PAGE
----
McCarthy a reputed developer of QBs

Here are some facts, figures and background on Mike McCarthy, who is poised to become the Green Bay Packers' 14th head coach.

Mike McCarthy finished his first season as the 49ers offensive coordinator. He was named to his position January 27, 2005. The 49ers were ranked 32nd in the NFL in total offense, averaging 224.2 yards per game. The 49ers had one of their worst years in club history on offense and McCarthy was criticized by San Francisco fans. But the 49ers traded their most experienced quarterback, Tim Rattay, early in the season, lost No. 1 pick Alex Smith to an injury in Week 7 and lacked talent at wide receiver and running back.

With innovative game plans that feature both chain-moving power and quick-strike passing, McCarthy is widely known as one of the top offensive minds in the NFL. McCarthy is a reputed developer of quarterbacks, having tutored Brett Favre, Jake Delhomme, Jeff Blake, Marc Bulger, Matt Hasselbeck and Aaron Brooks.

McCarthy joined San Francisco after serving as the New Orleans Saints offensive coordinator since 2000. After leading the NFC in scoring in 2002 with 432 points and 49 touchdowns, the Saints had another record-breaking season in 2003. The 340 points the Saints scored that season was the eighth-highest in club history, and all four of the team's scoring totals since 2000 under McCarthy rank in the club's all-time top 10. Under McCarthy's direction, the New Orleans offensive unit set 10 team records and 25 individual records.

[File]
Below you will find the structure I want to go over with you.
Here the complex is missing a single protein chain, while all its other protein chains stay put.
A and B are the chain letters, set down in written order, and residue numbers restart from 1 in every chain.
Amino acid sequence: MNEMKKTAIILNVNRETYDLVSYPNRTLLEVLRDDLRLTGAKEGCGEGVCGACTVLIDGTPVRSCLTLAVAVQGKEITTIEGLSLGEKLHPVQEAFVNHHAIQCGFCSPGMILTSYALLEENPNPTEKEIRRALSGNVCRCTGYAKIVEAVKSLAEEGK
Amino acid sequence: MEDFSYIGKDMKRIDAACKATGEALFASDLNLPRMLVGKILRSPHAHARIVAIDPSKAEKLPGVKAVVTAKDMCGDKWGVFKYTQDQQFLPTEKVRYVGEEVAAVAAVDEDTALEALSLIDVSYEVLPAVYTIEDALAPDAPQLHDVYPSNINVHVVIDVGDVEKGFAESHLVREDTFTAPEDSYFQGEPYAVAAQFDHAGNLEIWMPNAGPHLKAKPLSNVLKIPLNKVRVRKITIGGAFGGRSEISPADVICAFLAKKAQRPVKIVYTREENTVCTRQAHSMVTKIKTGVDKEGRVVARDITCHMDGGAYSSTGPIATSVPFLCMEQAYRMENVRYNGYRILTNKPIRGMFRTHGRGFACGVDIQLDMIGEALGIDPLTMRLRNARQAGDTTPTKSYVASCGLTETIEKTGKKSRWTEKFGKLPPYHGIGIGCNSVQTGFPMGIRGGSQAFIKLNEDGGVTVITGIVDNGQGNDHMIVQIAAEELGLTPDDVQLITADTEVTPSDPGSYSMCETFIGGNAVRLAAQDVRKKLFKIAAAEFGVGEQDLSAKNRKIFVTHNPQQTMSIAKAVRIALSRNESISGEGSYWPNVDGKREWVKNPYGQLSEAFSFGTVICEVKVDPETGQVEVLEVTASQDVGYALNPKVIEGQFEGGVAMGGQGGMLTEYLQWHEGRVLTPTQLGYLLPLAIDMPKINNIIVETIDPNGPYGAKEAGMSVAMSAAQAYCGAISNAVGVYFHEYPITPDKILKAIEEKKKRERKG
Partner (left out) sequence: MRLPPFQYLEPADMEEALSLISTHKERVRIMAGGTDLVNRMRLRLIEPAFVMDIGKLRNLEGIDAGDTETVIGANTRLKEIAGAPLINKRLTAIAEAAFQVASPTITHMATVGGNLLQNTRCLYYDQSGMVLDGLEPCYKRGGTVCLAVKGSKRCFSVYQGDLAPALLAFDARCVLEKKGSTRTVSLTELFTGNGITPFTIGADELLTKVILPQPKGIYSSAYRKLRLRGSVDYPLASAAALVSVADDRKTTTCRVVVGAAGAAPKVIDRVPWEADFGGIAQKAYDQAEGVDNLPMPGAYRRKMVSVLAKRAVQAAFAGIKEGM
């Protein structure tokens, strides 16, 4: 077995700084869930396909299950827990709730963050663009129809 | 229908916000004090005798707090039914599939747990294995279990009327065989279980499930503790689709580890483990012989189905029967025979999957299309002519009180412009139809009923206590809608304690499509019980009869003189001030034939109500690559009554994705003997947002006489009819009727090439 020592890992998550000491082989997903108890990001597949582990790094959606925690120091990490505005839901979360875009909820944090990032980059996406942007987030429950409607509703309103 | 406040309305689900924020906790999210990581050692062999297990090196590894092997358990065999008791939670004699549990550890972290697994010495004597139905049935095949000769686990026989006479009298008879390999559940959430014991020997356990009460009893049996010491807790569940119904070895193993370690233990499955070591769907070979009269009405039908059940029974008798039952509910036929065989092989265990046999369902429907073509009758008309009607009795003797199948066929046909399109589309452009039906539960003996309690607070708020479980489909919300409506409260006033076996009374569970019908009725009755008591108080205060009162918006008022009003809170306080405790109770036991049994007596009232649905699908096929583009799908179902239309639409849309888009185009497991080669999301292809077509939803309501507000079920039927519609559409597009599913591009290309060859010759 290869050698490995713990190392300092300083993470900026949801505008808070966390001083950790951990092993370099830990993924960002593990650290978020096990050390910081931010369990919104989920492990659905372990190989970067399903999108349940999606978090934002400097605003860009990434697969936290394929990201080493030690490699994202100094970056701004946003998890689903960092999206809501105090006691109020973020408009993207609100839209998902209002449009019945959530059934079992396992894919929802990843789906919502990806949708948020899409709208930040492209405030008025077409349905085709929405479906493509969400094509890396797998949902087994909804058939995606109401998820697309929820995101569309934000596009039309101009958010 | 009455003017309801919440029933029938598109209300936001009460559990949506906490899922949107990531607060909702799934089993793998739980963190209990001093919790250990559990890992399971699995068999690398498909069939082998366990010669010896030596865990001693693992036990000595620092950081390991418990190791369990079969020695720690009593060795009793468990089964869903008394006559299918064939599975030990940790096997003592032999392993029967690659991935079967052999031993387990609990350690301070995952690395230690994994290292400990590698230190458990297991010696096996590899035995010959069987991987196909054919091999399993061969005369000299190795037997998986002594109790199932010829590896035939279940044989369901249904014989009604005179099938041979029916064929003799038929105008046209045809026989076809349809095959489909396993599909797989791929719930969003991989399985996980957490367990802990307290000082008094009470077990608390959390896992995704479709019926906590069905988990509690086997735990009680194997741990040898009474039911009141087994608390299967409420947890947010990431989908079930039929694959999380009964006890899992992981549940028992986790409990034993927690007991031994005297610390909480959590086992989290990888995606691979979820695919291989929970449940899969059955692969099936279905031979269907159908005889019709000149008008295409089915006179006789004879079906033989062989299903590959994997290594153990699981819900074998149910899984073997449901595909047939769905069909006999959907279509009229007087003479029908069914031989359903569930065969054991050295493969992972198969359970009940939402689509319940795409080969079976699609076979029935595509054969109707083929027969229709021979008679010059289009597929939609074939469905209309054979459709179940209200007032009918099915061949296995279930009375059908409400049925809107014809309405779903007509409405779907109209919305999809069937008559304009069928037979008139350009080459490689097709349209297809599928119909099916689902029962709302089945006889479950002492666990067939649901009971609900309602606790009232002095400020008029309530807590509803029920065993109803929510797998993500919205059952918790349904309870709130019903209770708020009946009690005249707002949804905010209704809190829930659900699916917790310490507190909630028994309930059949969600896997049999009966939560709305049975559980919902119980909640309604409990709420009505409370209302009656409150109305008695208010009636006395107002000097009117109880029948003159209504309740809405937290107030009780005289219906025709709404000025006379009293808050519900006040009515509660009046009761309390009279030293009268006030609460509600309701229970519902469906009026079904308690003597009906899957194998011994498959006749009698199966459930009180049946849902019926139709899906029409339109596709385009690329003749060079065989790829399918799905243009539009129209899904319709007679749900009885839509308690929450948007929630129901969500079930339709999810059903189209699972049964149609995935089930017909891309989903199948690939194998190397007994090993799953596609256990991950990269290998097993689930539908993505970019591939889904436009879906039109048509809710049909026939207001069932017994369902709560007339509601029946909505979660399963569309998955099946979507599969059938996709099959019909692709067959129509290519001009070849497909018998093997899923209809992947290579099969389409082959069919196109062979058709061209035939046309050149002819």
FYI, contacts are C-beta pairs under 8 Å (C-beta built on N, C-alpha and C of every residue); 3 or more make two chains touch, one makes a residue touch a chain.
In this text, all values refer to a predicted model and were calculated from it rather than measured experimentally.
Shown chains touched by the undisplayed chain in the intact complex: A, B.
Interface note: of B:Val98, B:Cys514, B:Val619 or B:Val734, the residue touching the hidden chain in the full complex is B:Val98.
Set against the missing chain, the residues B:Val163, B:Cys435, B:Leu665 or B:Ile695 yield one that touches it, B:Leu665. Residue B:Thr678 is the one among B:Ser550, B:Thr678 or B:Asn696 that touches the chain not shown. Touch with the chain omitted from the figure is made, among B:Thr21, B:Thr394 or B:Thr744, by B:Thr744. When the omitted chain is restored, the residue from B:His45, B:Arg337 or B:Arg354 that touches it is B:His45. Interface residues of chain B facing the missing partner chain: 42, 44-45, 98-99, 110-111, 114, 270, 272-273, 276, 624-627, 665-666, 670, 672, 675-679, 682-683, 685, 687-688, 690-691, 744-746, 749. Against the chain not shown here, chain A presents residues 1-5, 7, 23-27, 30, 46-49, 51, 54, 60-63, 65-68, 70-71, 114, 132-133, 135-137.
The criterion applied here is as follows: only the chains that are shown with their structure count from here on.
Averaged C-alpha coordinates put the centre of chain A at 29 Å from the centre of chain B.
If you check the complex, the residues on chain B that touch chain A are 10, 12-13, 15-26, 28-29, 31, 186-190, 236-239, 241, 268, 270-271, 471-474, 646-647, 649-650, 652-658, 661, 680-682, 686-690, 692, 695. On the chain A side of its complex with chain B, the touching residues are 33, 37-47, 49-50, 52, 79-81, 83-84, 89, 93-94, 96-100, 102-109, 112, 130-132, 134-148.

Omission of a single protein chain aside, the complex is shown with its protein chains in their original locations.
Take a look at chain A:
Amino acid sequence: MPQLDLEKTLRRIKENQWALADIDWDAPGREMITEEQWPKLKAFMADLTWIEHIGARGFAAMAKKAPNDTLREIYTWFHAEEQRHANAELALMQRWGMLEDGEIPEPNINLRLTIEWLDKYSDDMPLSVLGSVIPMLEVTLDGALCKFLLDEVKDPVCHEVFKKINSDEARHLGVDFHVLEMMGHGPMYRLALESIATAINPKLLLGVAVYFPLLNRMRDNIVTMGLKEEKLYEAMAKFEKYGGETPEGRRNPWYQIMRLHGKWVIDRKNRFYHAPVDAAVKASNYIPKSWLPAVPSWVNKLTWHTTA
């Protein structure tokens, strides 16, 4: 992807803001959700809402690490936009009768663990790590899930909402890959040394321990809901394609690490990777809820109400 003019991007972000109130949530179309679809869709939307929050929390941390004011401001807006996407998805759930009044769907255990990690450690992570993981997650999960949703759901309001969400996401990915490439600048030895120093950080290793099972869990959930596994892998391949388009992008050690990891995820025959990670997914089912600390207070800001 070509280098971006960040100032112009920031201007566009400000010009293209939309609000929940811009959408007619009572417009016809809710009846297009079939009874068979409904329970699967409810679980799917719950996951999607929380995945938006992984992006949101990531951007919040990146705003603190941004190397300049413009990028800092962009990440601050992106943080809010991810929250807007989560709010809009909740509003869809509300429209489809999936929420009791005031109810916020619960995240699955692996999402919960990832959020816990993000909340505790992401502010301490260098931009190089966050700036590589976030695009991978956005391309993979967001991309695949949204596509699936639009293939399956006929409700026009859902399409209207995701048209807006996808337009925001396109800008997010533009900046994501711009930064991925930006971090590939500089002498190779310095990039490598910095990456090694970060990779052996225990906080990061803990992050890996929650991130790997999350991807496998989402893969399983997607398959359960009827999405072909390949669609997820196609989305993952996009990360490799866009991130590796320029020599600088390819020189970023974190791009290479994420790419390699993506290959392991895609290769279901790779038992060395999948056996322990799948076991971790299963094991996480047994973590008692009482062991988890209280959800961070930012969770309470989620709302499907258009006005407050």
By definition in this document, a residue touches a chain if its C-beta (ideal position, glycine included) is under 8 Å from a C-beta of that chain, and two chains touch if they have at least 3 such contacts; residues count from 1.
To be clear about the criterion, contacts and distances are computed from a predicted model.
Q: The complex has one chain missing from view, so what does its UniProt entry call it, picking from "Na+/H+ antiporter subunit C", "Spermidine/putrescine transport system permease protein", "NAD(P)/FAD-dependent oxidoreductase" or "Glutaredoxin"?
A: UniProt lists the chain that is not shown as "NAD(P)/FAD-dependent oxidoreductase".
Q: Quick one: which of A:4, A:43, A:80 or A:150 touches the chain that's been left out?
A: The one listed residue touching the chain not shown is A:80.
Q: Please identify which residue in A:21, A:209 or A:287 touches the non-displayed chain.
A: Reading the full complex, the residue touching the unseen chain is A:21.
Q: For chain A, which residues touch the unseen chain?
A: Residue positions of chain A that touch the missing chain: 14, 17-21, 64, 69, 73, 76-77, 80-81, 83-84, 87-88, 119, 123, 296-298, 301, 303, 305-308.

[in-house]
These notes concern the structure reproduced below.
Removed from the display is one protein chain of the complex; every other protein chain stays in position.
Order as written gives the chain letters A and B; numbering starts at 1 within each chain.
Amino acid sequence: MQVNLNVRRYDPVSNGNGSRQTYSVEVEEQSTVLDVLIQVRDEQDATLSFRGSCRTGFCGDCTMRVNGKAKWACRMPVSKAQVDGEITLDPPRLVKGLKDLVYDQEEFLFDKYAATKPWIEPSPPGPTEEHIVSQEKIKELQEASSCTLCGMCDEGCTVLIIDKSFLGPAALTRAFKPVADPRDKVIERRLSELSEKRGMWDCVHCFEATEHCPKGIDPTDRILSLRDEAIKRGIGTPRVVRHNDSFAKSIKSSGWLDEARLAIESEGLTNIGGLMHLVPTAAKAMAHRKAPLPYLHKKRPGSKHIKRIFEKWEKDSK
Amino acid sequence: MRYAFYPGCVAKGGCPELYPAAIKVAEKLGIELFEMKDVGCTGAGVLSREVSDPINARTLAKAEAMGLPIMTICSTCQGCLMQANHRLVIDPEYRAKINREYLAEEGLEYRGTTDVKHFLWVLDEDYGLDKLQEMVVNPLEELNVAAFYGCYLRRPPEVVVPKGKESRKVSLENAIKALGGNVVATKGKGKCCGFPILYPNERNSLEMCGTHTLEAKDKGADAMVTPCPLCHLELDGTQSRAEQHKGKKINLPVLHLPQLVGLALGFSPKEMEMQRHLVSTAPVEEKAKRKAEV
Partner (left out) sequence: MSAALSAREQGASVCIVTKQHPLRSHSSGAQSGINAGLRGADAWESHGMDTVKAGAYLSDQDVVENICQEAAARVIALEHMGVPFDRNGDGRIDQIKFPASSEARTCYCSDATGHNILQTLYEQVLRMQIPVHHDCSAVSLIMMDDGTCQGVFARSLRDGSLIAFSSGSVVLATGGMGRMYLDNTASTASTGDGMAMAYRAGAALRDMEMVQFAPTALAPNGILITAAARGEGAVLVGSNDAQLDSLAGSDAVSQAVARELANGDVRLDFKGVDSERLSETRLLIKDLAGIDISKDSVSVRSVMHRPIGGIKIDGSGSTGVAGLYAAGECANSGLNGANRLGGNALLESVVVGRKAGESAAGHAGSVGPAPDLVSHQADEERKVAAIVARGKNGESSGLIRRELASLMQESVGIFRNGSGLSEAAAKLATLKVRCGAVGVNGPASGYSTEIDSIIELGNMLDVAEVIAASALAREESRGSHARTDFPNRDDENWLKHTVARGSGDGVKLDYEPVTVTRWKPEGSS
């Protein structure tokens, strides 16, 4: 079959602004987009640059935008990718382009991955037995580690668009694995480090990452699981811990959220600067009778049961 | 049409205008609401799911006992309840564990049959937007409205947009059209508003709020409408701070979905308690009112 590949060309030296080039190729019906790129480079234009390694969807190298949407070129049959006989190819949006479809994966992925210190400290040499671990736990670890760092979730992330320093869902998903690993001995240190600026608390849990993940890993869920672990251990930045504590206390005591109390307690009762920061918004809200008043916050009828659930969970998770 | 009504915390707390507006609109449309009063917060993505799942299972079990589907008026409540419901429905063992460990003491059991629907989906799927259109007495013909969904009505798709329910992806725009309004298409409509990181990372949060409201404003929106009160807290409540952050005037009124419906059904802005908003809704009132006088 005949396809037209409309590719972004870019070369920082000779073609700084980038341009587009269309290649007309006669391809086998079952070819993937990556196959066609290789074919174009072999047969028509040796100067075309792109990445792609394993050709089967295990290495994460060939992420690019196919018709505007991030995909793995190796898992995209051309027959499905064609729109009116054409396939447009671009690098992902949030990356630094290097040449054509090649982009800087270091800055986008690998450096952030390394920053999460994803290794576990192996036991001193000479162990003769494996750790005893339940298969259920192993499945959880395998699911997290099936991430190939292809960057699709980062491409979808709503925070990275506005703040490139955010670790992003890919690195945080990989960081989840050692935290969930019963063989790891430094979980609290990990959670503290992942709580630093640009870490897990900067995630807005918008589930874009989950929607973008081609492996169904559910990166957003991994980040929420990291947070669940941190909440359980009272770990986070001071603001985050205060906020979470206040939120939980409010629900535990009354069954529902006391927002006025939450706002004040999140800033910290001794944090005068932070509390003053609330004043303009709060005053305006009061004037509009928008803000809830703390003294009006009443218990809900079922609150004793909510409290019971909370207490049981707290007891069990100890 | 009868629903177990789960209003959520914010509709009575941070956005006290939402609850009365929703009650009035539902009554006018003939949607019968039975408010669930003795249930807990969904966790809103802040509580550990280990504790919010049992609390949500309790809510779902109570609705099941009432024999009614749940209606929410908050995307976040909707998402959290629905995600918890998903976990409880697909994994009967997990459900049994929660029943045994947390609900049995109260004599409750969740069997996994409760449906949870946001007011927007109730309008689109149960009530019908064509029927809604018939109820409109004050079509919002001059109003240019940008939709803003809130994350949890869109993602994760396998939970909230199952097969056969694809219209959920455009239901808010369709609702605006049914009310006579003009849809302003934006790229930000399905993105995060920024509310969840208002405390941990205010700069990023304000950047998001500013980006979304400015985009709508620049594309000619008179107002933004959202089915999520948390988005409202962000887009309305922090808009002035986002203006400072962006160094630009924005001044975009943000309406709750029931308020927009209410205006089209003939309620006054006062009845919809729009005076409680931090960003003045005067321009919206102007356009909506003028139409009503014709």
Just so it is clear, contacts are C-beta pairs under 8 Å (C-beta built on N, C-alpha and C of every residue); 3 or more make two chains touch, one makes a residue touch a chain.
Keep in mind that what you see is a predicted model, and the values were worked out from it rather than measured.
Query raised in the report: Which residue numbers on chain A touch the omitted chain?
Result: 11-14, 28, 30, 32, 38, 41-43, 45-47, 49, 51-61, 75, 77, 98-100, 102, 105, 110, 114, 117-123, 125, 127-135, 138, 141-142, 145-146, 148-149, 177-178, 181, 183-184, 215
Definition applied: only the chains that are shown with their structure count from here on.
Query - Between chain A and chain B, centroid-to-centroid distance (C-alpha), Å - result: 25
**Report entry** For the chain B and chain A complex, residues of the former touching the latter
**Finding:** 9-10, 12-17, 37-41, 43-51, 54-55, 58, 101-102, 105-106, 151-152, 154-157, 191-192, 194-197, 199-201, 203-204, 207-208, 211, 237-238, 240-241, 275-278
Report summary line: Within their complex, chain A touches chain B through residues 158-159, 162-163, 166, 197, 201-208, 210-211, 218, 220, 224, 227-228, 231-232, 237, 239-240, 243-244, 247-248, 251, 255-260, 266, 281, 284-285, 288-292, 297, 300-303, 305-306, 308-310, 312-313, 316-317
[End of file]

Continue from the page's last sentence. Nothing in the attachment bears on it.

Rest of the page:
Until McCarthy's hiring, the Saints hadn't produced a 1,000-yard wide receiver in eight years, but under McCarthy, Joe Horn caught 437 passes for 6,289 yards and 45 touchdowns and was selected for four Pro Bowls over a five-year span. Also until 2000, the team hadn't generated a 1,000-yard performance from a running back in a decade. But a Saints' running back has since reached the milestone each of his last five seasons. Two runing backs, Ricky Williams and Deuce McCallister, achieved this honor.

Following the 2000 season, McCarthy was chosen as the NFC Assistant Coach of the Year by USA Today. While coaching quarterbacks at Green Bay in 1999, the Packers ranked seventh in the NFL in passing and ninth overall in total offense with quarterback Brett Favre passing for 4,091 yards.

McCarthy also spent six seasons with the Kansas City Chiefs, serving as quarterbacks coach the last four years. As an offensive assistant in 1993-94, he worked closely with Hall of Fame quarterback Joe Montana. As quarterbacks coach from 1995-98, McCarthy's signal callers threw just 52 interceptions - the lowest total in the AFC during that period despite Kansas City using three starting quarterbacks during that span (Steve Bono, Rich Gannon and Elvis Grbac).

Before joining the Chiefs, McCarthy coached at the University of Pittsburgh from 1989-92 under Paul Hackett. McCarthy spent his first three years working with the quarterbacks before tutoring the wide receivers during his final season at the school. McCarthy's top pupil at Pittsburgh, QB Alex Van Pelt, broke Dan Marino's school records for career and single-season passing yards.

A collegiate tight end, McCarthy was an all-conference selection (1985-86) at Baker University (KS). McCarthy captained the school's 1986 team that finished as an NAIA Division II National runner-up. After his playing career, McCarthy joined the coaching staff at Fort Hays State (KS) as a graduate assistant from 1987-88.

The Pittsburgh, PA native was born Nov. 10, 1963, and has a daughter, Alexandra.

McCarthy's coaching backgound: 1987-88 (Fort Hays State), 1989-92 (University of Pittsburgh), 1993-98 (Kansas City Chiefs), 1999 (Green Bay Packers), 2000-04 (New Orleans Saints), 2005 (San Francisco 49ers).


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